More detailed milestones and updated publication schedules are available on the group publication status page.

Draft state indicates the state of the deliverable at the time of the charter approval. Expected completion indicates when the deliverable is projected to become a Recommendation, or otherwise reach a stable state.

Normative Specifications

The (Working|Interest) Group will deliver the following W3C normative specifications:

Web [spec name]

This specification defines [concrete description].

Draft state: [No draft | Use Cases and Requirements | Editor's Draft | Member Submission | Adopted from WG/CG Foo | Working Draft]

Expected completion: [Q1–4 yyyy]

The following documents are expected to become W3C Recommendations:

  • EMMA: Extensible MultiModal Annotation markup language Version 2.0 (based on the current 1.1 Working Draft)
  • Modality Components Registration & Discovery

The following documents are Working Group Notes and are not expected to advance toward Recommendation:

  • Authoring Examples
  • Multimodality and Accessibility
  • Semantic Interpretation for Multimodality

Other Deliverables

Other non-normative documents may be created such as:

  • Use case and requirement documents;
  • Test suite and implementation report for the specification;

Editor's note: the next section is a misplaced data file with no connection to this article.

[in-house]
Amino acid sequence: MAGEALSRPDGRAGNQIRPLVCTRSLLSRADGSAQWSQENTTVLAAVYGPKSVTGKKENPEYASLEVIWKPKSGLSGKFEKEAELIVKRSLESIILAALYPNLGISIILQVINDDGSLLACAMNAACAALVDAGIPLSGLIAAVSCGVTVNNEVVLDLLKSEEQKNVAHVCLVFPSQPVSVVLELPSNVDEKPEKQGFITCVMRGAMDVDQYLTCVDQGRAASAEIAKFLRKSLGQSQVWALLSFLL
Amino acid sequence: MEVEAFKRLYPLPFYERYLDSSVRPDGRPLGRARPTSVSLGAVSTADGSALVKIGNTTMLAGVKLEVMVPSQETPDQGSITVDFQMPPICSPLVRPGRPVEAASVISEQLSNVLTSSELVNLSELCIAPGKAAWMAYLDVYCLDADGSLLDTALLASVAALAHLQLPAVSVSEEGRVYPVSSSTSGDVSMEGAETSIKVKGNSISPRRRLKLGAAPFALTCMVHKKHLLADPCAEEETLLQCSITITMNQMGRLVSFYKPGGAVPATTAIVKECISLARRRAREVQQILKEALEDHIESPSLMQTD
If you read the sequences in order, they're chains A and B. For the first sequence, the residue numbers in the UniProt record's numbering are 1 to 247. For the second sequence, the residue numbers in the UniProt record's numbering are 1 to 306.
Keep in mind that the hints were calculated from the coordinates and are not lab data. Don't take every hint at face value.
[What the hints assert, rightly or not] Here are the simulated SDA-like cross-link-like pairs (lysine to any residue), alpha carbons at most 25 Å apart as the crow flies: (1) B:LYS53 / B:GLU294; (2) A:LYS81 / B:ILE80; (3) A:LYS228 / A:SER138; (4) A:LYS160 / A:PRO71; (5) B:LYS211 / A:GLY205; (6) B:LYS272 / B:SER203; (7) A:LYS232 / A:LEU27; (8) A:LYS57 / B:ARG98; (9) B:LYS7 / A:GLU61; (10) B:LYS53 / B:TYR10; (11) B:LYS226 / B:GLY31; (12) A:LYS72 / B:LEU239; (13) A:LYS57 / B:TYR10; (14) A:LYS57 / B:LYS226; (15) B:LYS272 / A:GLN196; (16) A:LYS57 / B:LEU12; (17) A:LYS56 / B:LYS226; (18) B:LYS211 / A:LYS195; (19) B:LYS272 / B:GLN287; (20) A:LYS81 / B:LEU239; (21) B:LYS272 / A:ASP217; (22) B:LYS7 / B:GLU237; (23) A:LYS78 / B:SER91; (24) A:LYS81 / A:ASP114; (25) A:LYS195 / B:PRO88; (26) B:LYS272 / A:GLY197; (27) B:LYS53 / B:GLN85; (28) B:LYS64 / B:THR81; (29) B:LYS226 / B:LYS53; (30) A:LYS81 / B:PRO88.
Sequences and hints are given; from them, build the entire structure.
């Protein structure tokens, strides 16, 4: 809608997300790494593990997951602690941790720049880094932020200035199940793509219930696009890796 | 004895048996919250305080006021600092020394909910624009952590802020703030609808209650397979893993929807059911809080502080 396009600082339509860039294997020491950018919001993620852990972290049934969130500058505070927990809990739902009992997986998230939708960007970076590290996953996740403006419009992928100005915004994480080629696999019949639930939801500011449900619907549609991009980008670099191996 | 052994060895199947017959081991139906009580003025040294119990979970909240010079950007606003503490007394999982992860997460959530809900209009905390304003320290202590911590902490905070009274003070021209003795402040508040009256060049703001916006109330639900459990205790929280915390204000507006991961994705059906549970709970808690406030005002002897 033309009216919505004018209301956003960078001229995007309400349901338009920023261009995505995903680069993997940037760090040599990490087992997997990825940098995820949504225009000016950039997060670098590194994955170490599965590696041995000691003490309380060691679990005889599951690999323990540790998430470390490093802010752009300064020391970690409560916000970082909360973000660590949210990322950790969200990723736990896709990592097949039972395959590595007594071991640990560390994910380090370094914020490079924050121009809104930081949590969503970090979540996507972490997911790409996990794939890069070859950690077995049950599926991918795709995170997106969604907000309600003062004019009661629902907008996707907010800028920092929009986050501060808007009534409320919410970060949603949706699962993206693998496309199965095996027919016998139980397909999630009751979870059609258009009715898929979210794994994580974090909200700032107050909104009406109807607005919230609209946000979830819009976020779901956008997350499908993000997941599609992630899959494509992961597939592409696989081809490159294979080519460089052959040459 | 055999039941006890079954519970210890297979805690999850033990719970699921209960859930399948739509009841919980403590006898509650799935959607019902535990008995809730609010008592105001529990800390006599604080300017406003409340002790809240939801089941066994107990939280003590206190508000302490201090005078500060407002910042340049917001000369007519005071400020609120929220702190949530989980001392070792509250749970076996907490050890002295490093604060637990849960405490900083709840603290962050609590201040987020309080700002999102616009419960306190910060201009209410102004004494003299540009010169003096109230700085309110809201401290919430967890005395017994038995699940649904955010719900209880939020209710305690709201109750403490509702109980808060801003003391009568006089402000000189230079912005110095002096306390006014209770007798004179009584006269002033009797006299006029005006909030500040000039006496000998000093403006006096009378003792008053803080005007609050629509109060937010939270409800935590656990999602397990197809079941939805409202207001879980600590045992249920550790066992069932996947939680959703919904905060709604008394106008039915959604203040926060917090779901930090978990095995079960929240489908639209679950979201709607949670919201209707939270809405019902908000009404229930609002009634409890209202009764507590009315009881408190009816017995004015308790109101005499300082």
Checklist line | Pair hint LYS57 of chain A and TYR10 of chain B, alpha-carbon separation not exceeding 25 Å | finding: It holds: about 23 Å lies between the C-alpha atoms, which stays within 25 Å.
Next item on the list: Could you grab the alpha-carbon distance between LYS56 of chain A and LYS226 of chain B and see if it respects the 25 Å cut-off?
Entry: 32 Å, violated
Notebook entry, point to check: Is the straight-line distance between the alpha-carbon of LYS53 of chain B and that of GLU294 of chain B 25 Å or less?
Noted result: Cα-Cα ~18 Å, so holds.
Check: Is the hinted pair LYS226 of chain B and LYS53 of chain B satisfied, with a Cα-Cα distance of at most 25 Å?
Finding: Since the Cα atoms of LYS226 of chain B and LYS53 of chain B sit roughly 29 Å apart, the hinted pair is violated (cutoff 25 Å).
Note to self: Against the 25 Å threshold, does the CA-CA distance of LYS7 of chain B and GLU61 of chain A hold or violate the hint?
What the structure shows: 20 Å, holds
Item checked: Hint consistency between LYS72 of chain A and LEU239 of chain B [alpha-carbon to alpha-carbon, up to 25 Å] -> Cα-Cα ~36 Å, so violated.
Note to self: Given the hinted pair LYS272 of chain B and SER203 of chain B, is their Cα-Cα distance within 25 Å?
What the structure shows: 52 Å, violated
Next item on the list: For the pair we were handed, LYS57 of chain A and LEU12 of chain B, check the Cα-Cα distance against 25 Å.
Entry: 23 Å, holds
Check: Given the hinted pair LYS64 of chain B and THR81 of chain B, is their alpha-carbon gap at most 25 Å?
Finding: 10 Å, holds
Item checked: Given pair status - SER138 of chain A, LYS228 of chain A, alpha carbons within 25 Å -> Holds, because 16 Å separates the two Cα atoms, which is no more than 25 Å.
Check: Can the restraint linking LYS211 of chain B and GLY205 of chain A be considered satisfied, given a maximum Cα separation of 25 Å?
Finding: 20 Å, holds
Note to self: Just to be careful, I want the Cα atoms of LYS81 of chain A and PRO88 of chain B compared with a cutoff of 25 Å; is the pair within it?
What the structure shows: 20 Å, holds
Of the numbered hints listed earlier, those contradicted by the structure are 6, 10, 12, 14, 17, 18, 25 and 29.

• Primer or Best Practice documents to support web developers when designing applications.


Put here a timeline view of all deliverables.

  • Month YYYY: First teleconference
  • Month YYYY: First face-to-face meeting
  • Month YYYY: Requirements and Use Cases for FooML
  • Month YYYY: FPWD for FooML
  • Month YYYY: Requirements and Use Cases for BarML
  • Month YYYY: FPWD FooML Primer


For all specifications, this (Working|Interest) Group will seek horizontal review for accessibility, internationalization, performance, privacy, and security with the relevant Working and Interest Groups, and with the TAG. Invitation for review must be issued during each major standards-track document transition, including FPWD and CR, and should be issued when major changes occur in a specification.

Issue: The paragraph above replaces line-item liaisons and dependencies with individual horizontal groups. There's been a suggestion to name and individually link the specific horizontal groups inline, instead of pointing to a page that lists them.

Issue: The requirement for an invitation to review after FPWD and before CR may seem a bit overly restrictive, but it only requires an invitation, not a review, a commitment to review, or even a response from the horizontal group. This compromise offers early notification without introducing a bottleneck.